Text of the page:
Sunday, July 20, 2014

HOMILY 16TH Sunday in Ordinary Time Cycle A July 20, 2008

          The Gospel is too long, and already has it’s interpretation within it.  So I thought today we would look at the second reading, from St. Paul to the Romans.            Paul begins: “Brothers and sisters: The Spirit comes to the aid of our weakness;”  Hmm, as an American male – and now a resident of Texas - I don’t often talk about, or even admit, my weakness.  But in St. Paul’s spirituality, coming to grips with your weakness is very important.  Christianity is all about salvation, and you can’t appreciate the salvation Christ brings until you realize the mess you are in and your inability, your weakness, to escape it.  Otherwise Christianity is pointless.
          John Henry Cardinal Newman, the great English churchman and writer, wrote: “This is why many in this age (and in every age) become infidels, heretics, schismatics, disloyal despisers of the Church .... They have never had experience of God’s power and love, because they have never known their own weakness and need.”   This awareness of our weakness and therefore our need for God’s help and salvation is so important that St. Paul even writes: The Lord “said to me, "My grace is sufficient for you, for power is made perfect in weakness."  And St. Paul comments: “I will rather boast most gladly of my weaknesses, in order that the power of Christ may dwell with me. (2 Cor 12:9-10)    Instead of denying or downplaying his weaknesses as I do, St. Paul rather boasts gladly of his weaknesses!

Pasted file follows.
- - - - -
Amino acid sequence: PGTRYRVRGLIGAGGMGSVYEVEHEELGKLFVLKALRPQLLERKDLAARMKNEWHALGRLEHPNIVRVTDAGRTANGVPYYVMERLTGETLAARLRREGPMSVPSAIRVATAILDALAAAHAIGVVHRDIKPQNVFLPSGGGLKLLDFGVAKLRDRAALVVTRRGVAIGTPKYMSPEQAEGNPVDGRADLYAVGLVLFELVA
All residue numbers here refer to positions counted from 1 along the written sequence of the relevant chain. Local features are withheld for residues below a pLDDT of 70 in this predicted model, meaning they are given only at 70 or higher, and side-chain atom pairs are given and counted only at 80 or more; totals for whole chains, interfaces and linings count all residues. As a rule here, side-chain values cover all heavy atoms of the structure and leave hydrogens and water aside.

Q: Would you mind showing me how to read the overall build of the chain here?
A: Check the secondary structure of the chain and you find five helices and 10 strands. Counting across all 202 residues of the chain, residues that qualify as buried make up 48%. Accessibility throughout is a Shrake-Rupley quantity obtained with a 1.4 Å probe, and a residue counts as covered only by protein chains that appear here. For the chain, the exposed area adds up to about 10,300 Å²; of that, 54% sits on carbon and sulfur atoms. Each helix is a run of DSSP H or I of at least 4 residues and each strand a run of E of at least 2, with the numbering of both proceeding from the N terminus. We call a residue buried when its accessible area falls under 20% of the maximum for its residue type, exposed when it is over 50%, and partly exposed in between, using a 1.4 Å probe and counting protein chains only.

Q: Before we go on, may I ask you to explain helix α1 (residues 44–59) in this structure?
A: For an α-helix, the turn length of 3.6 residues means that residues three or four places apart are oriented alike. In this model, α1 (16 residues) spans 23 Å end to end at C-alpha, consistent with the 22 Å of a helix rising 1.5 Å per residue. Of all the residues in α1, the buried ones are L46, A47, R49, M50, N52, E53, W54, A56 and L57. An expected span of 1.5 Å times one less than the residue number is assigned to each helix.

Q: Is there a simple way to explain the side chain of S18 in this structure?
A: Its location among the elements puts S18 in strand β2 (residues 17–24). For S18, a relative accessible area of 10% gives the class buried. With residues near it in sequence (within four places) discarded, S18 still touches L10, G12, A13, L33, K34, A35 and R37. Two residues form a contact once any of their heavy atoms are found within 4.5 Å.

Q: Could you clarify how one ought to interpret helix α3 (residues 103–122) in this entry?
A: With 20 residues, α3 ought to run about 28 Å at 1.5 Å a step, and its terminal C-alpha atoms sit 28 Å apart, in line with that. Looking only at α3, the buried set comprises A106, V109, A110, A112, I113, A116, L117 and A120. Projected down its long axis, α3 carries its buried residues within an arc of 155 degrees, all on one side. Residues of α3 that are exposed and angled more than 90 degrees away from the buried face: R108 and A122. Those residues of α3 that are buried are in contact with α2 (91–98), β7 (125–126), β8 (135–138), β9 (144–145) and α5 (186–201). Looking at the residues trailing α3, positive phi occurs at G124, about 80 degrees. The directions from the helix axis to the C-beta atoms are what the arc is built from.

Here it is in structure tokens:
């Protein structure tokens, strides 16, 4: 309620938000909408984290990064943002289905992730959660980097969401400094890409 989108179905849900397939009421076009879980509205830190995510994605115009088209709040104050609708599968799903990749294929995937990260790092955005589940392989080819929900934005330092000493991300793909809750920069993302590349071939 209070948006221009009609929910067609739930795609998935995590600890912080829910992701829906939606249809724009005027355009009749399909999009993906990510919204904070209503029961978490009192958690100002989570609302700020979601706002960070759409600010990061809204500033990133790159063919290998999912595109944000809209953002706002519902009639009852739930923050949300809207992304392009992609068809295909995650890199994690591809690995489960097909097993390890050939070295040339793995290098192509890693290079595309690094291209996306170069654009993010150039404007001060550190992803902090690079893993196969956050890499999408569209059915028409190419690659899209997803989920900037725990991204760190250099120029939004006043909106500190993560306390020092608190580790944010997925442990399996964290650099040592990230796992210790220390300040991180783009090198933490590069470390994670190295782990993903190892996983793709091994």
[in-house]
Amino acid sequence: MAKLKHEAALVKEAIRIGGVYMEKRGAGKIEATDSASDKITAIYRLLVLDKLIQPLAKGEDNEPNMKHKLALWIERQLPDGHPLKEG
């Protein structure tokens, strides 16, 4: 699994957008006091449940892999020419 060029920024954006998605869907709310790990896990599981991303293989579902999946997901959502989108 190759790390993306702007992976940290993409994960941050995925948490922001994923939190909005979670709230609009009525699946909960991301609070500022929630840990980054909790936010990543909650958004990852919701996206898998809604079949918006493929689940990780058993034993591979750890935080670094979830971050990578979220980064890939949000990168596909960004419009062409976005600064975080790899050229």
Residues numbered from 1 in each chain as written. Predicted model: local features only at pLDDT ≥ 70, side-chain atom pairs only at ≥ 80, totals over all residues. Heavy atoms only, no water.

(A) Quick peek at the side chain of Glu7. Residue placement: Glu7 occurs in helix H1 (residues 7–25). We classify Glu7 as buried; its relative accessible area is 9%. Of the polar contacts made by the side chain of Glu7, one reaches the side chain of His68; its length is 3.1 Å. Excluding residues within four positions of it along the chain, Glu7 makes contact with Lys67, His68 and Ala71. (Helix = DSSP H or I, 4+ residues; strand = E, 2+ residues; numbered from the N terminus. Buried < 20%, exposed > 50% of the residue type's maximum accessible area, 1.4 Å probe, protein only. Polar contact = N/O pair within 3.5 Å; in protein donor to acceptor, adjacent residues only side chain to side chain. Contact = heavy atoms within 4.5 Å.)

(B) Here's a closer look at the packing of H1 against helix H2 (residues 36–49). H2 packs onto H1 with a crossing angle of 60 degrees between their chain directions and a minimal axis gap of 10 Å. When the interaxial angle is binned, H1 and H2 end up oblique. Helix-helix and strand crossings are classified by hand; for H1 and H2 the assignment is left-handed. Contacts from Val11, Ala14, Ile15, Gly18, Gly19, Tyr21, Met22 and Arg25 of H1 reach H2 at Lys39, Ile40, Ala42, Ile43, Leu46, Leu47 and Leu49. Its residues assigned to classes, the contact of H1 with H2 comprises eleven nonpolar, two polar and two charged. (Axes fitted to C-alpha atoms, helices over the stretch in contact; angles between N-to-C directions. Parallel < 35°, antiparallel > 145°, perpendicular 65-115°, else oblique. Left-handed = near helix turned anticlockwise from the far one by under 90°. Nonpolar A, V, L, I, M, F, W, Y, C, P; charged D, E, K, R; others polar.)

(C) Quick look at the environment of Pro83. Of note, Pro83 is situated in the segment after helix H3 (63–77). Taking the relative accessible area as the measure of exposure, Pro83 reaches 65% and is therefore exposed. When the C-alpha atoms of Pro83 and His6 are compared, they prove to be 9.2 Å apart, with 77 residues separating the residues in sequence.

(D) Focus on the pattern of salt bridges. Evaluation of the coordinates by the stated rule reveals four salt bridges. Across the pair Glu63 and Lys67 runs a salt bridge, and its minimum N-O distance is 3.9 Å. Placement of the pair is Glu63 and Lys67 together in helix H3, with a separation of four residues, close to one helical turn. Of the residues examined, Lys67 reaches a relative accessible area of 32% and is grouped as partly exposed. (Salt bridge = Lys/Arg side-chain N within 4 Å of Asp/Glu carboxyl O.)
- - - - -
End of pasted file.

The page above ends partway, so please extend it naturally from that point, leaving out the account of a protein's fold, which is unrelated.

So first of all we have to own up to our weakness.  And once we start looking it usually is not too long before we start discovering some.   But St. Paul assures us, “The Spirit comes to the aid of our weakness;”
          Where and how does the Holy Spirit come to our aid?  Perhaps the Holy Spirit prompts us to greater generosity in the face of need, helping us to overcome our stinginess, as in today’s special second collection.  Or perhaps the Holy Spirit fortifies us to tell the truth when it is difficult to do so.  Or perhaps the Holy Spirit inspires us to say a comforting or healing word to someone who is sorrowing.  Or the Holy Spirit might strengthen us to reach out in forgiveness, or avoid that porn site, or relinquish the bitterness we’ve been holding on to, or give us greater patience and understanding with co-workers, or in many other ways.  
           In the first reading today we hear this unusual line:  “in those who know you (meaning God), you rebuke temerity” i.e. timidity or faint-heartedness.  God does not want timid followers.  Perhaps we are timid in sharing our faith, timid in speaking up for what is right, timid to intervene in a situation of bullying, timid in expressing our true feelings when we think we will be ridiculed, timid in refusing to go along with the crowd.  God rebukes such temerity, and encourages us to do more, to be bold in faith.
          I think the power of the Holy Spirit to stop us from saying the mean and hurtful word, to “bite our tongue” in moments of intense emotion, is one of the most powerful demonstrations of the strength of the Holy Spirit.
      There are many, many ways the Holy Spirit aids us in our weakness.